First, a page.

Reading Response #6

Chapter 6: “Game Design”


Annie Nguyen


Music 256A


Play, and the Tofu Burger Principle


I was really excited to read this chapter, as games and game design are easily some of my most favorite things to talk (read: nerd) about. These two principles resonated with me:


Principle 6.1: “Play is what we do when we are free; play is what we do to be free

Principle 6.20 “The Tofu Burger Principle: gently introduce people to new experiences.”


At least for me, these two principles speak to why I love the games that I do, and they probably apply to many others as well. As Ge neatly puts it, we “play for the sheer intrinsic worth of the activity,” simply relishing in that moment (and trying not to focus on the daily tasks and stresses of life, in my case). I’m reminded of an earlier lecture in the quarter, in which Ge commented on his seemingly “pointless” and “useless” work in making computer music and computer music tools (in comparison to other professions that are considered to contribute more to society). Presently, I feel like society sees games, particularly video games, in a similar light; if it isn’t helping you grow to benefit society, then it is a waste of time. What is more often neglected, and what Ge touches on in this chapter, is that it is a natural part of human behavior to play. It has been a source of discovery and innovation in the past, and in today’s productivity-focused world, it is a source of relief and rest. Perhaps this is more specific to my constantly-working-college-student self, but with the few times I get to play games, it also helps ground me back to being more “human” than a productivity machine. They can be deep, complex games with interactive storytelling, or simply one aspect of a game that puts me at ease. While this chapter is focused on the visual and mechanical parts of video game storytelling, the well orchestrated, detailed, and intentional music of video games is another factor that helps the player enjoy the moment. When there is well-placed music, set in the right part of a game, coupled with beautiful visuals, and with just the right amount of interaction with a scene, that moment is sublime. For me, that is artful design in the medium of interactive storytelling.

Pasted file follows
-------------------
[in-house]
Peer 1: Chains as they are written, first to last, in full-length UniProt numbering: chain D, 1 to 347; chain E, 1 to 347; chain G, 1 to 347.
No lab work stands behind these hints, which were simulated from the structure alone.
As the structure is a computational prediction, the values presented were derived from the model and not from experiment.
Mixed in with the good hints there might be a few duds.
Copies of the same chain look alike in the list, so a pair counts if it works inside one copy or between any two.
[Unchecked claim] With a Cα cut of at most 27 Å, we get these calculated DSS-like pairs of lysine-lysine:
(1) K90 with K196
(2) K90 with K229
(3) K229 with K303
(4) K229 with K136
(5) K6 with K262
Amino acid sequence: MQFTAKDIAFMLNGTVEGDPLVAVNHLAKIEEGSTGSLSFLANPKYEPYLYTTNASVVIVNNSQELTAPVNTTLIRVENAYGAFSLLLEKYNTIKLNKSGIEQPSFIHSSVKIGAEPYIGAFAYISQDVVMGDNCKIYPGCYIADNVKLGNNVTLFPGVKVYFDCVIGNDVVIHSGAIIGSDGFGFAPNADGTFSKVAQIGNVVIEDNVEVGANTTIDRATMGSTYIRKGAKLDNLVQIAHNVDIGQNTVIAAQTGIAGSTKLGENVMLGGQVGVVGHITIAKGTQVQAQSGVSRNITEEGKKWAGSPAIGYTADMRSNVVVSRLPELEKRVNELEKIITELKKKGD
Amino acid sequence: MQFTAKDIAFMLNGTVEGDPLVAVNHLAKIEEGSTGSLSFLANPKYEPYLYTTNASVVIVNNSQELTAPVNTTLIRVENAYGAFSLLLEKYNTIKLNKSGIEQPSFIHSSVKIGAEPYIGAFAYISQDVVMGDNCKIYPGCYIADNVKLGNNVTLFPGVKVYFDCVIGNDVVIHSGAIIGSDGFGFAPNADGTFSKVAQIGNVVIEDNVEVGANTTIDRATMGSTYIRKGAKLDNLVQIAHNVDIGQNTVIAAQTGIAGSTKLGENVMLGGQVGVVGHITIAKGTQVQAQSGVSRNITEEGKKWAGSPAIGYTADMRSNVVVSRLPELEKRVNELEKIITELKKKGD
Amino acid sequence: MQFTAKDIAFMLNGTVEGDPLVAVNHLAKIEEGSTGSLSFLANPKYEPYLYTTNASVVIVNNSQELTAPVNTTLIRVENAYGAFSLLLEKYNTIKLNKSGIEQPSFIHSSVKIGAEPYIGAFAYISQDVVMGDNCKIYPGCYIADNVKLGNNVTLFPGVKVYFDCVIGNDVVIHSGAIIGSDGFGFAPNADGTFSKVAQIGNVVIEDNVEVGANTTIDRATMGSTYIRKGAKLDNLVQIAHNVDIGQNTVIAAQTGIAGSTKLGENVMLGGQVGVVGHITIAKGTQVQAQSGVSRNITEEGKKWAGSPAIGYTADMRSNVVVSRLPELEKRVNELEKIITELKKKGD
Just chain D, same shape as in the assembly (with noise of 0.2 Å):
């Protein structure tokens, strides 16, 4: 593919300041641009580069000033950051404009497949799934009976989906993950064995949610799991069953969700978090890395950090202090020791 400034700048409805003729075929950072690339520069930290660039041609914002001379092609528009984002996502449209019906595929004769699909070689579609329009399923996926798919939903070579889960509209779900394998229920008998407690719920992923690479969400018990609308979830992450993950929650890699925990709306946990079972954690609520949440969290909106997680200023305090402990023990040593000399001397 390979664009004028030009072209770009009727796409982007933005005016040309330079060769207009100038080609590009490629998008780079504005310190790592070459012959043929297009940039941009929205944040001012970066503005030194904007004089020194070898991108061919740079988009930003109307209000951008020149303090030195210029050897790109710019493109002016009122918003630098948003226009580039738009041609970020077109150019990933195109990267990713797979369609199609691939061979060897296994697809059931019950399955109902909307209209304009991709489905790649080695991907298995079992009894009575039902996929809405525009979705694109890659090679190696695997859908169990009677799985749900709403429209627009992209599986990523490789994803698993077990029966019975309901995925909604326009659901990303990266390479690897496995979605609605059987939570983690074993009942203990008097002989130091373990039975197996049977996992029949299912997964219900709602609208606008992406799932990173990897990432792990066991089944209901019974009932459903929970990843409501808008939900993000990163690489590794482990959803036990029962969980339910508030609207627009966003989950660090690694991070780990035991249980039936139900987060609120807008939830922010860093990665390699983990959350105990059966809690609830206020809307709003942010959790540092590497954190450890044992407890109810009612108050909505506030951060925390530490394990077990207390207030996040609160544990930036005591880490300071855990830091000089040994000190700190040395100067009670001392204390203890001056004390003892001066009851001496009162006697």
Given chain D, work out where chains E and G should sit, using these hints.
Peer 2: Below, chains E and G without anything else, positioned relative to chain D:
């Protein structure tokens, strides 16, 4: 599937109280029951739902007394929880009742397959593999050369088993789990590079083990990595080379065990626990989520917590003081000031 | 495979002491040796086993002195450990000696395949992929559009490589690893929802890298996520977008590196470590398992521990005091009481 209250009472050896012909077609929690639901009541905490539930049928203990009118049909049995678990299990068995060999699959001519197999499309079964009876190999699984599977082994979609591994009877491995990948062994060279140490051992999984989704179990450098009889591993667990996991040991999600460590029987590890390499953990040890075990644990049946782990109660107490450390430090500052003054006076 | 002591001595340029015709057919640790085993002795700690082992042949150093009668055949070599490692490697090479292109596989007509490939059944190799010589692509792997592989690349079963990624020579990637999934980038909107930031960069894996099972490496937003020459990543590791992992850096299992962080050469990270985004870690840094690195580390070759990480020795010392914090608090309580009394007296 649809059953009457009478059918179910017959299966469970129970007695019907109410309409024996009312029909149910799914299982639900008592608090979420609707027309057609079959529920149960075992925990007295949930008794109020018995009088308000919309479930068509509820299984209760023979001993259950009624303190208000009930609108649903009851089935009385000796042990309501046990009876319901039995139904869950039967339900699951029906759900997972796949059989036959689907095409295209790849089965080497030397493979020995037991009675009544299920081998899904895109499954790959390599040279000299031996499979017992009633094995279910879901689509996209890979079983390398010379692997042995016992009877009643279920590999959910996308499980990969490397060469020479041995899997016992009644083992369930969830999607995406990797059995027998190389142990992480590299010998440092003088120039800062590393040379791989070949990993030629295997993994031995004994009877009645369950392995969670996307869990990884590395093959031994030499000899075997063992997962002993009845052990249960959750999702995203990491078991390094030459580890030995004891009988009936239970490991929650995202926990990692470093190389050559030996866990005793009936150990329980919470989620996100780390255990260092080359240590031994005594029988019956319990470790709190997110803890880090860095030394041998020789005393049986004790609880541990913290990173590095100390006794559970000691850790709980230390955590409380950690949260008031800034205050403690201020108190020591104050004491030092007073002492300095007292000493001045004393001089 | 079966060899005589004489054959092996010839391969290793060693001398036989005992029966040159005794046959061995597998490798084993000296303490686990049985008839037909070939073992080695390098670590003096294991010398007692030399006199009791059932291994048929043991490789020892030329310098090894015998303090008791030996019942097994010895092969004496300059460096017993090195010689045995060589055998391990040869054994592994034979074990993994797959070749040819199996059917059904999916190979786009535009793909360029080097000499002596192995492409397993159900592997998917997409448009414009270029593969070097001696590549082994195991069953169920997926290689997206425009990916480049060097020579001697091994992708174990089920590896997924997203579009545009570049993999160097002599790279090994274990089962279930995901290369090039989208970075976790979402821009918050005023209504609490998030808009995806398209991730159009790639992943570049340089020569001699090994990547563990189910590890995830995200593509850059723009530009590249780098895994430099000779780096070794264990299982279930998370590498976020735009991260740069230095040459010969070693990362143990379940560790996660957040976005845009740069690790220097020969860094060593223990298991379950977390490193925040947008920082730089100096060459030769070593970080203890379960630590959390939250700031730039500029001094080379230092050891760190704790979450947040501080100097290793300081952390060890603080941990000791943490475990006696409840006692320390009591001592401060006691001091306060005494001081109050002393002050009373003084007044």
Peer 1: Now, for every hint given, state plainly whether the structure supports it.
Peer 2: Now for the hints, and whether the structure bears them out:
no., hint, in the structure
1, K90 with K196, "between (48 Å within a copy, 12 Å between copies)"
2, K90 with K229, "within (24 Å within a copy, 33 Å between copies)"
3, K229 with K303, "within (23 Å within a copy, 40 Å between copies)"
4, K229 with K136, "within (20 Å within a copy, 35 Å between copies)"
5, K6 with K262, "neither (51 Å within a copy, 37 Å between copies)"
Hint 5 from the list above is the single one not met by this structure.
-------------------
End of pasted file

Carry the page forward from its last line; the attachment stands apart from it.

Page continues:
Of course, starting a new game poses quite a learning curve, for new and experienced players. Hence why the Tofu Burger Principle is important; a player can easily be driven away from an experience if they are bombarded all at once. One of my favorite games of all time, Hades by Supergiant Games comes to mind. It was my introduction to rogue-like/rogue-lite games, which generally center on one feature: any progress from the start point to the end goal of the game will be completely lost once the player loses all their lives, and they must start over. I was initially extremely intimidated; while I love Supergiant Games for all the details in their games (art, mechanics, music, voice acting, storytelling, to name a few), this was my first time actually playing one, and in a genre known to be difficult. However, the design of the game takes this into account, and introduces elements to the player one by one. They encounter how certain power-ups work and how different enemies fight slowly, all accompanied by just enough narrative guidance to help them piece the puzzle together. At first, I was just hacking and slashing my way through enemies in hopes of surviving. But when the narrative gently welcomed me back to the starting point every time, I realized that dying and going back was where you progressed the story. In order to progress the story, I needed to go back out and fight enemies to gain materials, reaching as close to the end goal as I could before I would inevitably end up back at the start again. In this loop, you gradually gain a better sense of flow as you form your play style, and ultimately get better at the game. The game provides additional challenges for the experienced players, but always starts off at the same pace for new players. I credit the detail to good difficulty scaling as a large part of why I still play the game today.